On appeal, we “‘must assume the role of the trial court and redetermine the merits of the motion' using the same standards required below.” (Hernandez v. KWPH Enterprises (2004) 116 Cal.App.4th 170, 175.)

         B. Claims against emergency medical personnel

         Providers of emergency medical services, including paramedics and EMTs, “shall only be liable in civil damages for acts or omissions performed in a grossly negligent manner or acts or omissions not performed in good faith.” (Health & Saf. Code, § 1799.106, subd. (a).) Gross negligence is defined as the lack of even scant care or an extreme departure from the ordinary standard of conduct. (City of Santa Barbara v. Superior Court (2007) 41 Cal.4th 747, 754.)

         “Whenever the plaintiff claims negligence in the medical context, the plaintiff must present evidence from an expert that the defendant breached his or her duty to the plaintiff and that the breach caused the injury to the plaintiff.” (Powell v. Kleinman (2007) 151 Cal.App.4th 112, 123 (Powell).) “‘“When a defendant moves for summary judgment and supports his motion with expert declarations that his conduct fell within the community standard of care, he is entitled to summary judgment unless the plaintiff comes forward with conflicting expert evidence.”'” (Ibid.)

         II. Request for Judicial Notice

         “The reviewing court may take judicial notice of any matter specified in [Evidence Code] Section 452.” (Evid. Code, § 459, subd. (a).) Defendant requested judicial notice of several items that were not before the trial court. It cited Evidence Code section 452, subdivision (h), as the basis of its request. That subdivision grants the court discretion to take judicial notice of “[f]acts and propositions that are not reasonably subject to dispute and are capable of immediate and accurate determination by resort to sources of reasonably indisputable accuracy.” (Evid. Code, § 452, subd. (h).) It is intended to encompass facts that are widely accepted and easily verified.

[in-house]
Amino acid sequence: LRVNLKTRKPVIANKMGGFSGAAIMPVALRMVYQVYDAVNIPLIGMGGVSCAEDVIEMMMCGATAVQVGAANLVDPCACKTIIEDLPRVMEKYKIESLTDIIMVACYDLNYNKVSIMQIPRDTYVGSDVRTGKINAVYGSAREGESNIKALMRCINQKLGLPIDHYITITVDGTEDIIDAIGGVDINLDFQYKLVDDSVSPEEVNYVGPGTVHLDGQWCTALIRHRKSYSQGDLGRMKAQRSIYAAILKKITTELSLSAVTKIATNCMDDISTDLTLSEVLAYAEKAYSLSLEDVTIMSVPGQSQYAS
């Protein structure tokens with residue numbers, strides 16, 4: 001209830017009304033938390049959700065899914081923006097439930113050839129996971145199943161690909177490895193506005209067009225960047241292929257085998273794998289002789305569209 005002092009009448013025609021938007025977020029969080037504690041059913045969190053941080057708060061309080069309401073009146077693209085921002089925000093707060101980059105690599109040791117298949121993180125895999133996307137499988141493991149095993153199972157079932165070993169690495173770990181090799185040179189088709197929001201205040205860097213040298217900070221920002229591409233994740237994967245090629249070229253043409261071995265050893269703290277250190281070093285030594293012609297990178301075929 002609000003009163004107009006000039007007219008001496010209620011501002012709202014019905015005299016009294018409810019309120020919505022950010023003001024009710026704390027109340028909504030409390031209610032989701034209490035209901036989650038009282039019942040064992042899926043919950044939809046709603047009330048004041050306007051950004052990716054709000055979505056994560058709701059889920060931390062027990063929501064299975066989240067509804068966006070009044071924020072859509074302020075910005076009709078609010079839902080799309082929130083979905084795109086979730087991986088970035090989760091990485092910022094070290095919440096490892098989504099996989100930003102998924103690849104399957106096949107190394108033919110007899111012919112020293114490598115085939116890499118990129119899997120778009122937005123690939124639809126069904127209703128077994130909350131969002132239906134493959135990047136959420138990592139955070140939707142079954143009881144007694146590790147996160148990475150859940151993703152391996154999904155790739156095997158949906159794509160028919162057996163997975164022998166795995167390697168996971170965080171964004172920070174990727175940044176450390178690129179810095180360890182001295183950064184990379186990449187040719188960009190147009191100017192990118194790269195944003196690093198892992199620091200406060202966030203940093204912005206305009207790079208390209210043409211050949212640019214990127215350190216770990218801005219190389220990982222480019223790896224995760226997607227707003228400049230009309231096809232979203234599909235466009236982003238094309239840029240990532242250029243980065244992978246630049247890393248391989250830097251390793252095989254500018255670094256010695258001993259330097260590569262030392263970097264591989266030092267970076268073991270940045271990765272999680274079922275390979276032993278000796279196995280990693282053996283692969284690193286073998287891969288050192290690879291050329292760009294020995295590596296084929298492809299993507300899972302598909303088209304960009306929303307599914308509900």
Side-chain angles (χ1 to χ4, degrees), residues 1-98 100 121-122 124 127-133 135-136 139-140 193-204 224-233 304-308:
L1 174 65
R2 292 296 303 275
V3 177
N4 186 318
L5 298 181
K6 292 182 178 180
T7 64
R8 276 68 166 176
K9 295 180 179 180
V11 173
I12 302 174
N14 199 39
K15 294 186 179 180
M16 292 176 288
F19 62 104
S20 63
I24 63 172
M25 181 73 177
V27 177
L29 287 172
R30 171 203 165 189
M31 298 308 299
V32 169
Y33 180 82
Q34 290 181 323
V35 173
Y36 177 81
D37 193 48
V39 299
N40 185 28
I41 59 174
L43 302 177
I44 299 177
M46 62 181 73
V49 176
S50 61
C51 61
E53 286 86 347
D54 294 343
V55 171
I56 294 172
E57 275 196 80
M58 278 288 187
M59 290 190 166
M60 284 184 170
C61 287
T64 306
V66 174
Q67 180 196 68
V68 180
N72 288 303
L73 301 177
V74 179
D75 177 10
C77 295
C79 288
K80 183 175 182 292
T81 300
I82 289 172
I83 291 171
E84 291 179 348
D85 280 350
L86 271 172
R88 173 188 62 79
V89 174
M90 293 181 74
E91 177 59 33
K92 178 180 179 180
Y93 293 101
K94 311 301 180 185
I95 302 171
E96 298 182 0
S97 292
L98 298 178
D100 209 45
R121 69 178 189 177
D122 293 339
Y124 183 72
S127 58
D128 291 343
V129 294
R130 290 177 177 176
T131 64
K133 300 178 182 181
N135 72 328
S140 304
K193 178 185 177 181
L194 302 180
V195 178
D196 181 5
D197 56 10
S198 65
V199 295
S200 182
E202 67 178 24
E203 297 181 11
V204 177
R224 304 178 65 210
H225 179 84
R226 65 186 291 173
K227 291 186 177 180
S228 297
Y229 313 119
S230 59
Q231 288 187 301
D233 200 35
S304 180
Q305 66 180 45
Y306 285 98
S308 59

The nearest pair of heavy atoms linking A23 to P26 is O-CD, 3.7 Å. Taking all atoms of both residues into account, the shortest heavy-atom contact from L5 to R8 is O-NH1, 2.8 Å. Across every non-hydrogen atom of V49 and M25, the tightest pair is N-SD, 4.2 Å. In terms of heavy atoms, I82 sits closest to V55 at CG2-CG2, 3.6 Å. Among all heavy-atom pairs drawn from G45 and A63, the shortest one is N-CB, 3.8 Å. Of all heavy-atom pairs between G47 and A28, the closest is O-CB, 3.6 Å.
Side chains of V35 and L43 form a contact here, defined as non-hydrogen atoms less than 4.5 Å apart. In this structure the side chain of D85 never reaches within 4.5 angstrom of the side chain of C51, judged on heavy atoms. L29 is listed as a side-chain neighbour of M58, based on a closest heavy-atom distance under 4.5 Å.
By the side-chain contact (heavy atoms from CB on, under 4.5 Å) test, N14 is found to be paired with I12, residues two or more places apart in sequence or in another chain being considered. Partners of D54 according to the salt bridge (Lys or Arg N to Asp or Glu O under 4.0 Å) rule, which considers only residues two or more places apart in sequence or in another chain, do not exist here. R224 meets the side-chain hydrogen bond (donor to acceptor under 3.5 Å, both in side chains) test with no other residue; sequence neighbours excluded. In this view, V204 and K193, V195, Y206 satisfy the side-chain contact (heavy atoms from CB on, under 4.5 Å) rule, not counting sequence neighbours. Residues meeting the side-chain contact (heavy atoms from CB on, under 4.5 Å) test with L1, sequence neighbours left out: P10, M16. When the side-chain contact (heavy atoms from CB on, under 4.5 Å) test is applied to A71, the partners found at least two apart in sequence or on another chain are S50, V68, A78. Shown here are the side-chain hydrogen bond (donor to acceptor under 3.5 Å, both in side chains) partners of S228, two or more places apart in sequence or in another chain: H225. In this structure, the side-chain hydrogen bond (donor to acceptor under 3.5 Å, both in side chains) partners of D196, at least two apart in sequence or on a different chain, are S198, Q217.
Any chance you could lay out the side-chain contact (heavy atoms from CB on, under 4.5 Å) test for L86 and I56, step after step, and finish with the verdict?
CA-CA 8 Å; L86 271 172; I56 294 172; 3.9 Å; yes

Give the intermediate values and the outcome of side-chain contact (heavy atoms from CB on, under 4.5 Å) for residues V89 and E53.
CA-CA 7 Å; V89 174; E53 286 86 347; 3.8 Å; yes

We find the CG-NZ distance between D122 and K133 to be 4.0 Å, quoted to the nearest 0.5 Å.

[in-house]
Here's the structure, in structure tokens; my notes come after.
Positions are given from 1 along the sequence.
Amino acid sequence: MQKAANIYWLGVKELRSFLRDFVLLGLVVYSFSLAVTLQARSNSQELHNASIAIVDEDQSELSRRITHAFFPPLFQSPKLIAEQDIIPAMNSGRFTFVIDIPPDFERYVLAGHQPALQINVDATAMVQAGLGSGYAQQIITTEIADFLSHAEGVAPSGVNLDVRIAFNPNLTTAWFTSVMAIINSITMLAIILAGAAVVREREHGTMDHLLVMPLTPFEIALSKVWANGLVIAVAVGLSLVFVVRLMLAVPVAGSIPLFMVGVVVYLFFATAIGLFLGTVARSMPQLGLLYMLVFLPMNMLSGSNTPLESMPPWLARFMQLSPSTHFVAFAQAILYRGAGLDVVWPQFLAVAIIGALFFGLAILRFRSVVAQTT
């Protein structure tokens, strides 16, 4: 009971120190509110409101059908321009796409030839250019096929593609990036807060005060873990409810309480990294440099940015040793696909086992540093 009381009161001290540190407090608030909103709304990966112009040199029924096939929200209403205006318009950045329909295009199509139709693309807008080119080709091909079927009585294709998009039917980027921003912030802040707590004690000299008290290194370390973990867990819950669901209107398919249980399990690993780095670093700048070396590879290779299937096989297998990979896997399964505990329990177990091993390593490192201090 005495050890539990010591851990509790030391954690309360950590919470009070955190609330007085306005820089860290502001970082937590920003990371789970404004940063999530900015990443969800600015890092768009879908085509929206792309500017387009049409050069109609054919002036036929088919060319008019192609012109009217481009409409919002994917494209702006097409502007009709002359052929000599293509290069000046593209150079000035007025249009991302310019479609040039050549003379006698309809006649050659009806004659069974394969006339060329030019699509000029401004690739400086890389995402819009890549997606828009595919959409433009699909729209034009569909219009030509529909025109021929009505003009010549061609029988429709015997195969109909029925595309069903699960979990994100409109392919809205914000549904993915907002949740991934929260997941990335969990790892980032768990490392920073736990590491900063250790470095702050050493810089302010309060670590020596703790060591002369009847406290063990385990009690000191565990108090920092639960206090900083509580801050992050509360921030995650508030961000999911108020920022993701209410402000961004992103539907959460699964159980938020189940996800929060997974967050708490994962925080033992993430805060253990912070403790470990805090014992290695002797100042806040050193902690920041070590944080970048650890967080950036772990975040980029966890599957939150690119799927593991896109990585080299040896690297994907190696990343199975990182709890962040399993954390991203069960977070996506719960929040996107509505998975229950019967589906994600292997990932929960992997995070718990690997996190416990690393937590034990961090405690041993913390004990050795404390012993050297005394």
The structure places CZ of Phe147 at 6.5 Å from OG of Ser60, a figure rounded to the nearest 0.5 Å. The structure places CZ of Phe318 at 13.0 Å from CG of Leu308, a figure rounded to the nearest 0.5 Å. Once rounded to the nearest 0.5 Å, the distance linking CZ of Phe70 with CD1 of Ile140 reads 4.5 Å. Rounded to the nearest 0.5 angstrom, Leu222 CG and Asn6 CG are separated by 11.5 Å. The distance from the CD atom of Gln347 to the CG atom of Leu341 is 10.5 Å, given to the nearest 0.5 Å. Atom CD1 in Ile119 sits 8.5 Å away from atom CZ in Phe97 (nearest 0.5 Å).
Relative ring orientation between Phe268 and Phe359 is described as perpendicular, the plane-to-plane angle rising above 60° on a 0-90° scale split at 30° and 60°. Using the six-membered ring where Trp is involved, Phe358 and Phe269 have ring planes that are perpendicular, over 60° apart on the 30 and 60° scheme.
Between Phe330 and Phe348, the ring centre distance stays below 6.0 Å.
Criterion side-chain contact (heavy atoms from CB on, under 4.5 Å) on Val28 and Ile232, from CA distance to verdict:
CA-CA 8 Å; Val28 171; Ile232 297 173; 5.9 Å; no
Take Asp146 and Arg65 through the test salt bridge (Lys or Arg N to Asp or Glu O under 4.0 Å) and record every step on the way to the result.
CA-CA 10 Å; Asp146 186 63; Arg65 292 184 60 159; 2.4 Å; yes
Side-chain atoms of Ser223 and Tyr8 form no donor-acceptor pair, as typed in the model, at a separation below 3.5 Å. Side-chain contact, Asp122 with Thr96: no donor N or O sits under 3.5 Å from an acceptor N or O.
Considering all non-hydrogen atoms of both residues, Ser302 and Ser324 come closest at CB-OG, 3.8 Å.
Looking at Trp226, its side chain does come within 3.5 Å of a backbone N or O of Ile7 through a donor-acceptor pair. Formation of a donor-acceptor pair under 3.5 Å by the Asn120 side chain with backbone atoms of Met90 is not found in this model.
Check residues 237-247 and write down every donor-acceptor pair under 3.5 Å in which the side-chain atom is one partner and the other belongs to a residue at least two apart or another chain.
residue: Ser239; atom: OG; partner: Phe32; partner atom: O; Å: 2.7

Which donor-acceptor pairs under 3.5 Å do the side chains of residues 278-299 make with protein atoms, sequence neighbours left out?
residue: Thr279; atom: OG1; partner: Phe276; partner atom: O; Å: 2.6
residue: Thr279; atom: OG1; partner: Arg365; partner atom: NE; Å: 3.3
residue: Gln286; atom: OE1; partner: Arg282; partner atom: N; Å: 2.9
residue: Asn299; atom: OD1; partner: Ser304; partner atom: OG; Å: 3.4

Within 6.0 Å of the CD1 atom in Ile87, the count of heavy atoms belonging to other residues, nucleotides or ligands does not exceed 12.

The items identified by defendant in its motion as “Scientific Literature” and “Attorney Correspondence” do not constitute “[f]acts and propositions that are not reasonably subject to dispute, ” (Evid. Code, § 452, subd. (h)) nor has defendant established their “reasonably indisputable accuracy.” (Ibid.) Further, they are not necessary to the resolution of this appeal. (Health First v. March Joint Powers Authority (2009) 174 Cal.App.4th 1135, 1137, fn. 1.) The “Notice of CCP 998 Cost Award and Revised Judgment” appears to be a court record subject to judicial notice under Evidence Code section 452, subdivision (d), but it is not relevant or necessary to the resolution of this appeal. (People v. Rowland (1992) 4 Cal.4th 238, 268, fn. 6 [judicial notice limited to relevant matters].) Accordingly, the request for judicial notice is denied.

         III. Evidentiary Objections

         In the trial court, each party submitted expert declarations addressing the issues of breach of duty and causation. Defendant objected to portions of the expert declaration of Mobin, submitted by plaintiff. The trial court sustained some of the objections. Plaintiff contends the declaration established the prerequisites to admission of the evidence it contained, and none of the objections should have been sustained.

         A. Standard of review

         We review the trial court's ruling on the admissibility of expert testimony for abuse of discretion. (Sargon Enterprises, Inc. v. University of Southern California (2012) 55 Cal.4th 747, 773 (Sargon).) A court abuses its discretion if its ruling is “‘so irrational or arbitrary that no reasonable person could agree with it.'” (Ibid.) “When applying the deferential abuse of discretion standard, ‘the trial court's findings of fact are reviewed for substantial evidence, its conclusions of law are reviewed de novo, and its application of the law to the facts is reversible only if arbitrary and capricious.'” (In re C.B. (2010) 190 Cal.App.4th 102, 123.) “It is the appellant's burden on appeal to show the trial court abused its discretion.” (Cahill v. San Diego Gas & Electric Co. (2011) 194 Cal.App.4th 939, 957.)

         B. Expert declarations

         “If a witness is testifying as an expert, his testimony in the form of an opinion ...